I also like it because of the time it gets planted and harvested. The time for planting is right now. The time comes right before the corn harvest following late summer. The harvest comes sometime between the 4th of July and the middle of that month. I am not struggling in the mud for planting or harvesting.

     This crop mixes well in our farm plan. In spring when oats need to be planted, I am finishing up with the maple syrup season, plowing for other spring crops or scrambling to be ready for the baby lambs. When it’s time to plant speltz, the workload is much less.

     Harvesting speltz and making the straw comes at the end of first cutting hay. The tools are out and ready to be used. There is usually no mud in mid-July, so that is a blessing too. The speltz combine well in the hot dry July weather. The straw dries quickly and is ready for baling just a few days after the grain has been combined.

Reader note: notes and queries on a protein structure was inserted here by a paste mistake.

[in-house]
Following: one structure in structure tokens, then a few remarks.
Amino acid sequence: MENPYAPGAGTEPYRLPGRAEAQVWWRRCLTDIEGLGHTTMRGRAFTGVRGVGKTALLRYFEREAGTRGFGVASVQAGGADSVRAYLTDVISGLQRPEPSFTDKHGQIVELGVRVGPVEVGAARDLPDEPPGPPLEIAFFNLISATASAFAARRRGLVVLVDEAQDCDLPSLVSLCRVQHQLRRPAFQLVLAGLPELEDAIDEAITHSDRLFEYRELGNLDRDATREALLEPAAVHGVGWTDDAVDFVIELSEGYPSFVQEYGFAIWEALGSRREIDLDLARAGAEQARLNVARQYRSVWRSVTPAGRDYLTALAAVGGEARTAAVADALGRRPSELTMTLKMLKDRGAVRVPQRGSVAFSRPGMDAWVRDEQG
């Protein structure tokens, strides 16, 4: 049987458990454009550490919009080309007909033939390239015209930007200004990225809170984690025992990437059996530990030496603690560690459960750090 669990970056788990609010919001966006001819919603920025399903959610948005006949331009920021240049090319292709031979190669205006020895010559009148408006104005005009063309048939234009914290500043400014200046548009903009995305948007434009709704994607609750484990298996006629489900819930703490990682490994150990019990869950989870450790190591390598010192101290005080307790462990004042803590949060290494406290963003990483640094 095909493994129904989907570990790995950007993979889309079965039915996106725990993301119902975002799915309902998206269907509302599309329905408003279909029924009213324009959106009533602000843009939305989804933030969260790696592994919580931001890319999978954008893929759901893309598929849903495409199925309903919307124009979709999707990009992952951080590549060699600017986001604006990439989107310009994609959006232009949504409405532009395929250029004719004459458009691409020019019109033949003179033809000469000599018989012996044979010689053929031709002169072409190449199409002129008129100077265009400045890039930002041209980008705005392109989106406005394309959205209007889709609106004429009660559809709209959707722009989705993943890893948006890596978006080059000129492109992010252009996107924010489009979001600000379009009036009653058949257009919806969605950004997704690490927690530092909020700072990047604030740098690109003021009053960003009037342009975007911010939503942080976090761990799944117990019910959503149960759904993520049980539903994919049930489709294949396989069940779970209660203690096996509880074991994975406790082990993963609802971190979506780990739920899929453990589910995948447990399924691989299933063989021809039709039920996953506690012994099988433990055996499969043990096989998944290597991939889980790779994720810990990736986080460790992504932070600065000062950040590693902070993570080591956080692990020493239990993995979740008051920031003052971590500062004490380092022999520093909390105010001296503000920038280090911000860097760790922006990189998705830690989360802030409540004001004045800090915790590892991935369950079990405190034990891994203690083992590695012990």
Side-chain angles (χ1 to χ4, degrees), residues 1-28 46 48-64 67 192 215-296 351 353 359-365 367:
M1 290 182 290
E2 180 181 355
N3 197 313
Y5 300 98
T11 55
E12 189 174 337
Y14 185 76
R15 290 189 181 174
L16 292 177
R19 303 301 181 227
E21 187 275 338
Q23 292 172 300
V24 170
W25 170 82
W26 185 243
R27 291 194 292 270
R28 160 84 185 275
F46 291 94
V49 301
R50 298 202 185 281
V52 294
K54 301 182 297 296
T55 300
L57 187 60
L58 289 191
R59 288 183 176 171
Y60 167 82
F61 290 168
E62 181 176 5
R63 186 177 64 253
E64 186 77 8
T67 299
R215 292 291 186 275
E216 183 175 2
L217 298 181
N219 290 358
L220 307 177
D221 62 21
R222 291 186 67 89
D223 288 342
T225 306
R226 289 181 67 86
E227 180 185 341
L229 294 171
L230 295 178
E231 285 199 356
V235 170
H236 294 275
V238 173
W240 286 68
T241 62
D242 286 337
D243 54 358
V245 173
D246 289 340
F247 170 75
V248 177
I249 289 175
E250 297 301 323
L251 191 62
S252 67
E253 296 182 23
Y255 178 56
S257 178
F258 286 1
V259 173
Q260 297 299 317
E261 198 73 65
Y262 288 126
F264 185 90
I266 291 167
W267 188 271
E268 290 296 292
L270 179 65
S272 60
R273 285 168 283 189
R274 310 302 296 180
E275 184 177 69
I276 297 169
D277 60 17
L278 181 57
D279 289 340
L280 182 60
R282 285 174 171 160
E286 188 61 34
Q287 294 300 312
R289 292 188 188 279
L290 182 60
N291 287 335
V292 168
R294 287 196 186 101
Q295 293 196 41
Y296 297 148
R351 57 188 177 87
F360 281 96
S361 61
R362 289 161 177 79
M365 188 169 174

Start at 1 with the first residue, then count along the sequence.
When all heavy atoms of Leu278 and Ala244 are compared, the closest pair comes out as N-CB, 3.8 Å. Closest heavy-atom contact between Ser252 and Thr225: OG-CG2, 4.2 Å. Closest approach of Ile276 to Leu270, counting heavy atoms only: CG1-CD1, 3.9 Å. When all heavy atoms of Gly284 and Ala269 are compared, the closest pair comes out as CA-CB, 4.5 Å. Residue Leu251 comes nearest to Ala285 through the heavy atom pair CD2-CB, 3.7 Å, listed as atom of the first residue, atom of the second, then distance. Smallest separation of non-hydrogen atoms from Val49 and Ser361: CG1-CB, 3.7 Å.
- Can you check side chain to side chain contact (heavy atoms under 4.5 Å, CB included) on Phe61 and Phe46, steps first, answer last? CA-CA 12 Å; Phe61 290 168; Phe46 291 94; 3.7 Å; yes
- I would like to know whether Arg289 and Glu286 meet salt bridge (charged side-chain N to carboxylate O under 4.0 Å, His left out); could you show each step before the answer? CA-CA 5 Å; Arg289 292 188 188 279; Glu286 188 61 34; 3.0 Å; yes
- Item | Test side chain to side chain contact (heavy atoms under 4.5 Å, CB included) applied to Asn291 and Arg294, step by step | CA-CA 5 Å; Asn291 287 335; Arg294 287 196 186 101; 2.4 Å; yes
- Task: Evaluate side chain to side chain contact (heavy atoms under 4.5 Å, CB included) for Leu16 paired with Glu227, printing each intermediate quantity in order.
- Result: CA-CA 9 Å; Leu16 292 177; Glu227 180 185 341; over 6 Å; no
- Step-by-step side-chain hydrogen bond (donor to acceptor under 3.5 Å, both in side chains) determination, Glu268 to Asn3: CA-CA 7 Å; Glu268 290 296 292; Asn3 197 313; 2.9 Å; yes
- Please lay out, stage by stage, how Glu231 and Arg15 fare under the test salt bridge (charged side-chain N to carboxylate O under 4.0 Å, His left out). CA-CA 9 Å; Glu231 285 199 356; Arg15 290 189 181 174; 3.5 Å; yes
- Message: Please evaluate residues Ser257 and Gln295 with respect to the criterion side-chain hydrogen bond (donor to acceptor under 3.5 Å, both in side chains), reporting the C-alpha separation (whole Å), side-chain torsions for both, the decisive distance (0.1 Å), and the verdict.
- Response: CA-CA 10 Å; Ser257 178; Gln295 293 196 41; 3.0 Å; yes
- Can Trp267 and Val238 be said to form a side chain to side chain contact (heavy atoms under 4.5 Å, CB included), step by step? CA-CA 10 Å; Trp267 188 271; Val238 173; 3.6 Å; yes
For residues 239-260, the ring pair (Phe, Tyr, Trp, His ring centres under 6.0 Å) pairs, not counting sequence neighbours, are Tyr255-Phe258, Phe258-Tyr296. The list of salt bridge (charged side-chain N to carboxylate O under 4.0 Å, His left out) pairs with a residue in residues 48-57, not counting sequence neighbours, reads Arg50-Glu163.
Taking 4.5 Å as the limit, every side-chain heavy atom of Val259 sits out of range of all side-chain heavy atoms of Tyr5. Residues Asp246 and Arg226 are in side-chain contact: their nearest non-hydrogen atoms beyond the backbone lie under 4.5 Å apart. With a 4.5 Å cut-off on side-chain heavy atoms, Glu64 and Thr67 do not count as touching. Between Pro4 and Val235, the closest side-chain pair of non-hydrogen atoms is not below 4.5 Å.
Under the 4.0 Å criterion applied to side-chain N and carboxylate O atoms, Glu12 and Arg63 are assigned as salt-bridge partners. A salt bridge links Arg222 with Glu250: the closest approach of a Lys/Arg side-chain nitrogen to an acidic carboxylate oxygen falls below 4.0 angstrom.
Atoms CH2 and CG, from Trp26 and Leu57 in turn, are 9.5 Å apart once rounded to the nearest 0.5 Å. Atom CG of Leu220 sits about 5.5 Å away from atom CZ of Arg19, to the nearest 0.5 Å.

The photo above shows this years crop of speltz coming up out of the ground. The nice green color stays on the speltz much of the winter. That gives a little highlight in mid-winter when the landscape is void of  color and speaks of the promise of spring.

     Old timers say that the speltz don’t yield as good as oats. All I know is that I get enough every year to feed my horses until the following year. The straw gets us through the winter too. I usually plant 3 to 5 acres and have plenty for our needs.

     I would say that having “enough” is just right. It is just one more reason why spelt is this small farmer’s friend.



On The Level
September 27, 2012, 10:38 am
Filed under: September 2012

My youngest son, working on his pole barn